Karima Bennoune, a Law Professor at the University of California, Berkeley, described the religionising of politics in her analysis of US President Barack Obama's first visit to Cairo:

"In his celebrated 2009 Cairo speech, US President Obama laudably aimed to reach out a much-needed hand of friendship to Muslim-majority societies across the globe. However, his embrace of a confessional worldview in that address was worrying. Speaking to those gathered at Cairo University, the President focused not on citizenship, or national or regional identities, but solely on presumed religious identities, thereby casting Muslims as a sort of monolithic bloc of people who are defined by their religious belief. In addition, he repeatedly quoted from religious texts. This article asks how using such a religious lexicon in political discourse affects the separation of religion and state. It also argues that religionising politics unwittingly plays into the hands of fundamentalists."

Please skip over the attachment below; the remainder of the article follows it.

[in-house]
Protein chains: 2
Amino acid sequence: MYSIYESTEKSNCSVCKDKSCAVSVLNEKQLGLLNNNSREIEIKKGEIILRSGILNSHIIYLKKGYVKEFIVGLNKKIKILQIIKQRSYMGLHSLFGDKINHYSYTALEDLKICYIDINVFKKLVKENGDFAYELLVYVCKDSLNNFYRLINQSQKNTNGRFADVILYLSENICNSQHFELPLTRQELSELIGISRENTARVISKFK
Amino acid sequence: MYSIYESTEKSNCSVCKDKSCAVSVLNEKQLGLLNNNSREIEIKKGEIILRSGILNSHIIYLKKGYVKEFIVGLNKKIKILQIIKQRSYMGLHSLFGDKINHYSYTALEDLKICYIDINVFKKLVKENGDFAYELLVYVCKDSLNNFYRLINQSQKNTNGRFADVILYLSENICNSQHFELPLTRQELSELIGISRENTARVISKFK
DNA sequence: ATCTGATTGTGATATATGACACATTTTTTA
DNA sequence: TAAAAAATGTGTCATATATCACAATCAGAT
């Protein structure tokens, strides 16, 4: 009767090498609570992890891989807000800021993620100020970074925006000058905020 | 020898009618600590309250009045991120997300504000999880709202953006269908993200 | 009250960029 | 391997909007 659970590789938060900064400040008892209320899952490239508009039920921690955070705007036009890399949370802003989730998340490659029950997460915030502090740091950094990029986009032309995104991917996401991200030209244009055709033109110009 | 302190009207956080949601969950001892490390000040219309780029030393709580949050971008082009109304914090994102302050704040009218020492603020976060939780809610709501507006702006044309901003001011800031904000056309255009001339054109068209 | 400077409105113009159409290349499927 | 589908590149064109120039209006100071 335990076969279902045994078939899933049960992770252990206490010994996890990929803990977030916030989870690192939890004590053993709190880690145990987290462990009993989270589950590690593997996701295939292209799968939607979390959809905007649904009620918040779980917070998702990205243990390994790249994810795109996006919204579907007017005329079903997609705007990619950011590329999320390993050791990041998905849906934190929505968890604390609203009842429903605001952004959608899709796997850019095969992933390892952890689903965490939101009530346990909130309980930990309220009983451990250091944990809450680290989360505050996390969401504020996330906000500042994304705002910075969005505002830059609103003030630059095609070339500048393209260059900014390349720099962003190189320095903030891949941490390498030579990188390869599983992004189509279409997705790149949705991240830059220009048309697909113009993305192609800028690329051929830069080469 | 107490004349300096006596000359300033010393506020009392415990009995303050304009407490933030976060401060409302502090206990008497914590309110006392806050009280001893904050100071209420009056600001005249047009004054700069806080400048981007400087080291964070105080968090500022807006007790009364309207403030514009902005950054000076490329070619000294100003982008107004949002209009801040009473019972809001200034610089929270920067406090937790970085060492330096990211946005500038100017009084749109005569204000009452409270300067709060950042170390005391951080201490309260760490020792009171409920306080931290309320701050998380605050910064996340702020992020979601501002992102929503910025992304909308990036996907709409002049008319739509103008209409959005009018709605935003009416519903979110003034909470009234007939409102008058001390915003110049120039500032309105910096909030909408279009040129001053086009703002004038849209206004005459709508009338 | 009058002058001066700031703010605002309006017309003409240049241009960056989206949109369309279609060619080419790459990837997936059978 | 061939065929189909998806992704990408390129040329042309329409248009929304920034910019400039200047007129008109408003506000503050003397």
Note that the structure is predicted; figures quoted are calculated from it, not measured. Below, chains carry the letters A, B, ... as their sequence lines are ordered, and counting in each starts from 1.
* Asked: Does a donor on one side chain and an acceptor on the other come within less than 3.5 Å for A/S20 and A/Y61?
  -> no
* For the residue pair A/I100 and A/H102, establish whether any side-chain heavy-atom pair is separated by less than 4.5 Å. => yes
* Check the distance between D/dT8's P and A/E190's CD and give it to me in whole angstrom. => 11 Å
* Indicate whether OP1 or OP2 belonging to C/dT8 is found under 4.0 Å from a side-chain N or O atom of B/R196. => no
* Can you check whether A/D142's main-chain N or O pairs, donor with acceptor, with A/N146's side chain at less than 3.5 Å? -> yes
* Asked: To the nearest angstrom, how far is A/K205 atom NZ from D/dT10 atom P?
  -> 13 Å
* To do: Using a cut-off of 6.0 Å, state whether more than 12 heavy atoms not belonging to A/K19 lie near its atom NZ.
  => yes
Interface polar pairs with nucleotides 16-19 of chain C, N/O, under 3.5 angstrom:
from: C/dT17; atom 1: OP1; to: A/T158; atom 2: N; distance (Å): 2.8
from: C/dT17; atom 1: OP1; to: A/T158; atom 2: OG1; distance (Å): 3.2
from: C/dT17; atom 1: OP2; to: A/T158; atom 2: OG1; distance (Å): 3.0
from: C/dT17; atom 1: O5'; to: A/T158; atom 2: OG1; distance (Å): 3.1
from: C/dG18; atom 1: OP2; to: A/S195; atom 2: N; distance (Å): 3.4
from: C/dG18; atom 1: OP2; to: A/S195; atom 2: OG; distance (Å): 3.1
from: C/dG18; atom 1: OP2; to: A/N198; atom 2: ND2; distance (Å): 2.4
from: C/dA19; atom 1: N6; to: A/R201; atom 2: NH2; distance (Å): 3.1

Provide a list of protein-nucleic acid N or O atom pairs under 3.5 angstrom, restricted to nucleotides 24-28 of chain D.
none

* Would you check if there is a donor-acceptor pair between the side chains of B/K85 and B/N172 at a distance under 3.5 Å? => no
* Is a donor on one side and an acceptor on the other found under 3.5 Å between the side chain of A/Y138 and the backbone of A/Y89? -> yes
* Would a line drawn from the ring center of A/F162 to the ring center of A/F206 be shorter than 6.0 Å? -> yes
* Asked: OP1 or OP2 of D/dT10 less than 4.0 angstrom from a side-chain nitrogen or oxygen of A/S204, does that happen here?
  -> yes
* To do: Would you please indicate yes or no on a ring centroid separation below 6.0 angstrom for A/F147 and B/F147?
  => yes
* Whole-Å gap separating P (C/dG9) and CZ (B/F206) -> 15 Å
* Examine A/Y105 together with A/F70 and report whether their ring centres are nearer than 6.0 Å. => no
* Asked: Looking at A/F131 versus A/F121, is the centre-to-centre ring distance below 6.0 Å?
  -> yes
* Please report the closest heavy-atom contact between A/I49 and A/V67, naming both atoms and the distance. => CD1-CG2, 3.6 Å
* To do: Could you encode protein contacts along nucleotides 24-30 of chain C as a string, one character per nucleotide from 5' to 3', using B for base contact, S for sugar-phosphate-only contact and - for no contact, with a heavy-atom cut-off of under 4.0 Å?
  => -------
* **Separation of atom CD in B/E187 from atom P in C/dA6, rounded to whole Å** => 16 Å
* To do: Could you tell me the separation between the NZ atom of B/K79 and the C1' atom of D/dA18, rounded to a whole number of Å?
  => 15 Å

Increased religious radicalism among all faiths is reshaping the relationship between religion and politics. Religious groups are being imbued with a "mission" to lead society and to transform social contracts, which is based on a very specific view of the sacred and which may diverge from the original interpretation of their religion. Many of these religious groups want to impose a society that is completely based on conservative religious norms, which they themselves define.

Secularism and women's rights

Secularism does not transform the gendered nature of religions. But it has to address it. In the birth of modern nation states, religion went out of the public sphere, but it never left the personal and individual sphere. It remained in the realm of family, of communities and of religious institutions, which are constantly the basis for creating and recreating political power.